Pyotr Zuyev had his 75th birthday while serving a 15-day administrative-custody term.
Pyotr Zuyev, a diabetic pensioner from Kaliningrad, knows the dangers the elderly face by actively participating in Russia’s pro-democracy protest movement.
On May 9, Zuyev marked his 75th birthday in the infectious-diseases ward of a hospital in the Baltic coast city while serving a 15-day administrative-custody term for participating in a protest the previous month. He had tested positive for COVID-19 while in jail.
“I have been charged under that statute several times already,” Zuyev told RFE/RL. “I guess it will be with me for the rest of my days.”
Generally speaking, the elderly have been the staunchest supporters of authoritarian President Vladimir Putin. According to a Levada Center poll published on May 13, more than half of Russians aged over 55 view the country’s pro-democracy protesters negatively, compared with just 21 percent in the 18-24 age range and 31 percent in the 25-39 cohort. Another Levada poll found that 60 percent of those above 55 felt the April court decision to send opposition leader Aleksei Navalny to prison for 2 1/2 years was “just.”
And a 2018 Levada survey found that 89 percent of those over age 55 get their news primarily from state-controlled television, compared to 49 percent for the 18-24 cohort.
There have been exceptions to this pattern, however, when particular issues have struck at the interests of retirees. In 2005, pensioners led a massive wave of national protests against a controversial reform to their social benefits. Putin’s government was rocked by scenes of old people banging pots and shouting for “revolution.”
In 2018, some elderly Russians joined in with protests against the government’s move to raise retirement ages that were organized by the fairly geriatric Communist Party of Russia, again marching under slogans calling for Putin himself to retire.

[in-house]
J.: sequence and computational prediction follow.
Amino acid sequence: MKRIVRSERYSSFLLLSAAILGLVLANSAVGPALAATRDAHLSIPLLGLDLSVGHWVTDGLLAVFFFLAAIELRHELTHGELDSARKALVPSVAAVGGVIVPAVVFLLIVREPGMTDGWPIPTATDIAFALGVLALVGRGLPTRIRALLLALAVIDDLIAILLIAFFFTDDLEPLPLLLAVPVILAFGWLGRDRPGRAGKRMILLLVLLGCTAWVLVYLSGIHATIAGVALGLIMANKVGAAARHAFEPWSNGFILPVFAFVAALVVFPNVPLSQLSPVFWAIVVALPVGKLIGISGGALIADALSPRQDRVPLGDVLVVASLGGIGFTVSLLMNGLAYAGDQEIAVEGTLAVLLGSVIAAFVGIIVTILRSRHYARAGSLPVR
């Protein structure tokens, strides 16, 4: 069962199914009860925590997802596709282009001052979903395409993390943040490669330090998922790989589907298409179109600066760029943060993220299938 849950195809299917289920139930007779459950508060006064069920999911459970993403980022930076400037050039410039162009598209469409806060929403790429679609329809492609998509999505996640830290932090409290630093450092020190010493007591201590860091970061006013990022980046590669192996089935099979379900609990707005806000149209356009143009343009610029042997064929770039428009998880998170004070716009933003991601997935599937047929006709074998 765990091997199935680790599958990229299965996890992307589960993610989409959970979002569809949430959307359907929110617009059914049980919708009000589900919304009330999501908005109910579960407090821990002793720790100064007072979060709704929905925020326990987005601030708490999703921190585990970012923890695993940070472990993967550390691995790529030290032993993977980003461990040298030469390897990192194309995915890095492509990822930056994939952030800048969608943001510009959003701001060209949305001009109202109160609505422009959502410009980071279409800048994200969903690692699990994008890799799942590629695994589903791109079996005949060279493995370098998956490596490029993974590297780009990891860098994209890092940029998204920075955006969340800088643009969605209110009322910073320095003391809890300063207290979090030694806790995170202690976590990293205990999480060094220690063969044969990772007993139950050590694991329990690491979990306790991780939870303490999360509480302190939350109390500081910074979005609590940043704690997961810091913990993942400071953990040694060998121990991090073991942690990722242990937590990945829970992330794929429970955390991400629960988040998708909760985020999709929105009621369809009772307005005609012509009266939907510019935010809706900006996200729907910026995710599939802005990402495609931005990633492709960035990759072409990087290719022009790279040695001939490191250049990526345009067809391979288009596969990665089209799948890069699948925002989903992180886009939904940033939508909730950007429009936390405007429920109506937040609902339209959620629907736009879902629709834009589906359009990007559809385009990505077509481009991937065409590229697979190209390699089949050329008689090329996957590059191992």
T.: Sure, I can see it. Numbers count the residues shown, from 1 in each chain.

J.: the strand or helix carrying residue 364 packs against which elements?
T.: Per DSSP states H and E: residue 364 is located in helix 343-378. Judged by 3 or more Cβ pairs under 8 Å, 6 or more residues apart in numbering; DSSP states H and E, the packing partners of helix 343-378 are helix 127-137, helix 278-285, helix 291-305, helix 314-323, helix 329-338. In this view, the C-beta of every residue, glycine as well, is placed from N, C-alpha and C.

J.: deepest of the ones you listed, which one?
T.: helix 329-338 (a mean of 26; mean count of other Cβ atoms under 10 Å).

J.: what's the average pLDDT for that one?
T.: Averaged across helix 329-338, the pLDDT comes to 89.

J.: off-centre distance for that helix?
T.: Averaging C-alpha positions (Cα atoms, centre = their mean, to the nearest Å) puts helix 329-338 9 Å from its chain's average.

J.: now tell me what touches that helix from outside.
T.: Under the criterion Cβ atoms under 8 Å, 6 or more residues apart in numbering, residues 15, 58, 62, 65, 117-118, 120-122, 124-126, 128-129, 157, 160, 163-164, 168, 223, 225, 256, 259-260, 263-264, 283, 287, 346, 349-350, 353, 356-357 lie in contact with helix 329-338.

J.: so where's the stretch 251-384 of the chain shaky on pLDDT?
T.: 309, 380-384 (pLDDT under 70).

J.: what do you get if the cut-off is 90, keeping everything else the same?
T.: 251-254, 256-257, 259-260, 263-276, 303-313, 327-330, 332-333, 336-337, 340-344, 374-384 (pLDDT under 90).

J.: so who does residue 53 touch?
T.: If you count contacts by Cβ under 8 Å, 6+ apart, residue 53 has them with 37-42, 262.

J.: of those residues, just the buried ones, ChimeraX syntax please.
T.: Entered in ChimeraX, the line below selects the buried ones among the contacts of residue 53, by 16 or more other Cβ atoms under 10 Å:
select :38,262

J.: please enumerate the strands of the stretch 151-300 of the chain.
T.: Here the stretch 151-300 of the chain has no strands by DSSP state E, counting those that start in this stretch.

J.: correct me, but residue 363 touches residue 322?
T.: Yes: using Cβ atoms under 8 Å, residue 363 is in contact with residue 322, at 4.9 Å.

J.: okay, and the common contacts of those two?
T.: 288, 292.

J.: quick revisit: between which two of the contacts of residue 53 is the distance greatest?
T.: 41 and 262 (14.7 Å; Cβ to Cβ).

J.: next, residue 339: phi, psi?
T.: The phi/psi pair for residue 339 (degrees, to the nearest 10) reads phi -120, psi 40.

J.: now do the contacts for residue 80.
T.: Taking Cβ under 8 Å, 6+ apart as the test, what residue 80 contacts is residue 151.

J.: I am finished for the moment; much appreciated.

But the overall pro-democracy movement in Russia and the struggle for basic civil liberties has gained little sympathy among the elderly. There have been a few high-profile exceptions, such as in December 2009, when Moscow riot police manhandled then-82-year-old dissident Lyudmila Alekseyeva at a protest demanding the right to peaceful assembly and photographs of the incident shocked the world.
‘Putin Is A Thief!’
Kaliningrad’s Zuyev, a retired choirmaster, is a clear exception who has become something of a celebrity in the port city. For years now, he has been a regular fixture at democracy demonstrations and pickets. He has come out in support of those considered political prisoners, and he joined local protests in support of neonatologist Elina Shushkevich, who was accused of deliberately killing a premature baby in 2018 and was acquitted in December 2020.
Veteran dissident Lyudmila Alekseyeva was detained at a 2009 rally.
He was detained at a June 2019 pro-Shushkevich demonstration, where he carried a poster reading: “The whole system needs to be replaced and Navalny is the contractor.” He was later fined 150,000 rubles ($2,025). In February, he was fined another 180,000 rubles for attending a January 31 demonstration supporting Navalny, who had been arrested in Moscow upon his return from Germany following treatment for a nerve-agent poisoning he blames on Federal Security Service (FSB) operatives acting at Putin’s behest.
Court officials began garnishing half of Zuyev’s 15,000-ruble ($200) monthly pension. Although Zuyev crowdsourced enough funds to pay off his own fines and contribute more than 200,000 rubles to pay those of other activists, he continues to pay off his debt monthly from his pension.
“They will be taking the money until I die,” he said. “My wife and I decided not to pay the whole amount…. If I pay it and then appear at another demonstration, they’ll just fine me again. It will be endless. But this way, years will pass, and everyone will see how the state is taking away the pension of an 80-year-old man.”